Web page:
You have found 90 entries after clicking on a search link (usually the MORE information link) in a matrix cell. Sorted by the main topic addressed, the list shows in orange the type of entry, year the original document was published (or if one of our own documents, the year last updated), and the type of file you will download when you click on the title. In blue is the document’s title followed by a brief description.
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STUDY 2009 HTM file
Relating counselor attributes to client engagement in England
The most wide-ranging investigation of the organisational health of British treatment services found clients engaged best when services fostered communication, participation and trust among staff, had a clear mission, but were open to new ideas and practices.
IN PRACTICE 2005 PDF file 813Kb
Wet day centres in Britain part 2: Care Control Challenge
Part 2 of our mini-series on wet day centres in Britain will ring bells not just for alcohol workers but also for drug workers in needle exchanges and drop-in services. Maureen Crane and Tony Warnes analyse what it takes to work productively in one of the most challenging of settings.
SERIES OF ARTICLES 2005 PDF file 1935Kb
Wet day centres in Britain
In drug and alcohol services, it doesn't get more difficult than this – offering street drinkers a place where they can start to reverse years of deterioration, without having first to stop drinking.
REVIEW 2005 PDF file 449Kb
Can we help?
Part 2 of the Manners Matter series explores the neglected parts of service delivery – how to help people get there on time. Transport and childcare are key ingredients but a helping hand does more than help carry the load; it shows that you care.
STUDY 2009 HTM file
Counselor skill influences outcomes of brief motivational interventions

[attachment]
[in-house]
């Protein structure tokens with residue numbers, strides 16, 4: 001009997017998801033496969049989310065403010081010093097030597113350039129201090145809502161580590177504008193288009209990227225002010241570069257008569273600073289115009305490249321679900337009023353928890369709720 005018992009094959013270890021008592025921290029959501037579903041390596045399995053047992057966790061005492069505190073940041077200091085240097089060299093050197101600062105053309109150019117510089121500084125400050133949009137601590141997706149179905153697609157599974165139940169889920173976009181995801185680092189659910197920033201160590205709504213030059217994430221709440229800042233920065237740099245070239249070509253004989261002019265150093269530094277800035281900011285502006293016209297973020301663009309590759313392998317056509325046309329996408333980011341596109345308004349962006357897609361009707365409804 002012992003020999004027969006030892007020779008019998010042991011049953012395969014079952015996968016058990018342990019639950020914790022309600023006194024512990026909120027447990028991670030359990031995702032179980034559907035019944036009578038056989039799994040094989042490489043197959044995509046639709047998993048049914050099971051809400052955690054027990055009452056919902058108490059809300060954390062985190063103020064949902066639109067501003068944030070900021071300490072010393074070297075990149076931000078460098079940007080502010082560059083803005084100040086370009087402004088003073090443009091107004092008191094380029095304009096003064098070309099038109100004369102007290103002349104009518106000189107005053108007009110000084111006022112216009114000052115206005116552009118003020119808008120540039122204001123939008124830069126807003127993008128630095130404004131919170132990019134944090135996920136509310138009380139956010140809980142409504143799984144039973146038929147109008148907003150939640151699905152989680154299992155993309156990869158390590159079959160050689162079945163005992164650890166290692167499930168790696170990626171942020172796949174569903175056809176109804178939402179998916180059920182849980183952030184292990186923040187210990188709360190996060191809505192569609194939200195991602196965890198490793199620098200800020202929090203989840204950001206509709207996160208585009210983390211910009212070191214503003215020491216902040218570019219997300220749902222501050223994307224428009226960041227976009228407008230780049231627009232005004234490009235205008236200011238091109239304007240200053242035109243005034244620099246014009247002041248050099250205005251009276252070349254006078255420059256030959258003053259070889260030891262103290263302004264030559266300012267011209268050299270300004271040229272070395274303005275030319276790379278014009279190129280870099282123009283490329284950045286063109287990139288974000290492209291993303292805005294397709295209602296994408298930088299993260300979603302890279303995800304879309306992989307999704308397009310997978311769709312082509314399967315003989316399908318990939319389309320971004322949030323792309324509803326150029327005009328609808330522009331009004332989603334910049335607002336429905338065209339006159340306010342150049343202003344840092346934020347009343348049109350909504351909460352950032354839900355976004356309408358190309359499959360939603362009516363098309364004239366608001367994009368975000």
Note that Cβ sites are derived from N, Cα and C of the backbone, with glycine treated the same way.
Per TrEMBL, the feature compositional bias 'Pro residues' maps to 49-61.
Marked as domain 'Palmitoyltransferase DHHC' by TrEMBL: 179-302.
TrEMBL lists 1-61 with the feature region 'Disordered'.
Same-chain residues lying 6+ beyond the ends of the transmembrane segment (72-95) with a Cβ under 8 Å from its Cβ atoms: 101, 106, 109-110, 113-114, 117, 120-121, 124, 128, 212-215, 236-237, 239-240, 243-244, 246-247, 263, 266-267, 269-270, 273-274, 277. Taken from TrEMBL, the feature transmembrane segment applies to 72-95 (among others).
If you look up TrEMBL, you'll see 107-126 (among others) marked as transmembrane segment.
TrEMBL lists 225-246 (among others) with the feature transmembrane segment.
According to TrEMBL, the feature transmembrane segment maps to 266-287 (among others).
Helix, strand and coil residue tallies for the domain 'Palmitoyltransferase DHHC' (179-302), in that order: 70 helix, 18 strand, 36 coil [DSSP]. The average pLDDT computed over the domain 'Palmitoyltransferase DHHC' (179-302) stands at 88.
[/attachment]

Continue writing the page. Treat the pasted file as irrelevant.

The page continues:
Few studies can manage the painstaking analyses needed to identify what makes for successful counselling. This Swiss study broke new ground in dissecting why some brief interventionists had far better results than others with risky drinking A&E patients.
STUDY 2010 HTM file
What process research tells us about brief intervention efficacy
The disappointing finding of no impact in a Swiss study of a brief alcohol intervention with risky drinking A&E patients prompted painstaking analyses of why some patients did respond, and why some counsellors had far better results than others.
Aged 16 and smoking cannabis or drinking coming up to one day in three, US youngsters identified as substance users by their schools substantially cut back in response to just two motivational counselling sessions, and even more when a third session addressed the parents at home.
Swiss study of brief alcohol interventions with a representative sample of heavy drinking young men exposed the determining influence on later drinking of the practitioner’s competence in motivational interviewing and how they behave in the session.
REVIEW ABSTRACT 2009 HTM file
Peer-based addiction recovery support: history, theory, practice, and scientific evaluation
This monograph is likely to become the handbook for the growing peer-based recovery movement in the UK. For administrators, the approaches it reviews offer a way to reconcile decreasing per-patient resources with a policy agenda now focused on reintegration and recovery.
In the context of current UK policy, this is a key study, testing the ambition to extend recovery beyond formal treatment by systematically linking patients to mutual aid groups, the main way it is being suggested commissioners can square the circle of doing more (recovery is seen as a whole-life transformation) with less.
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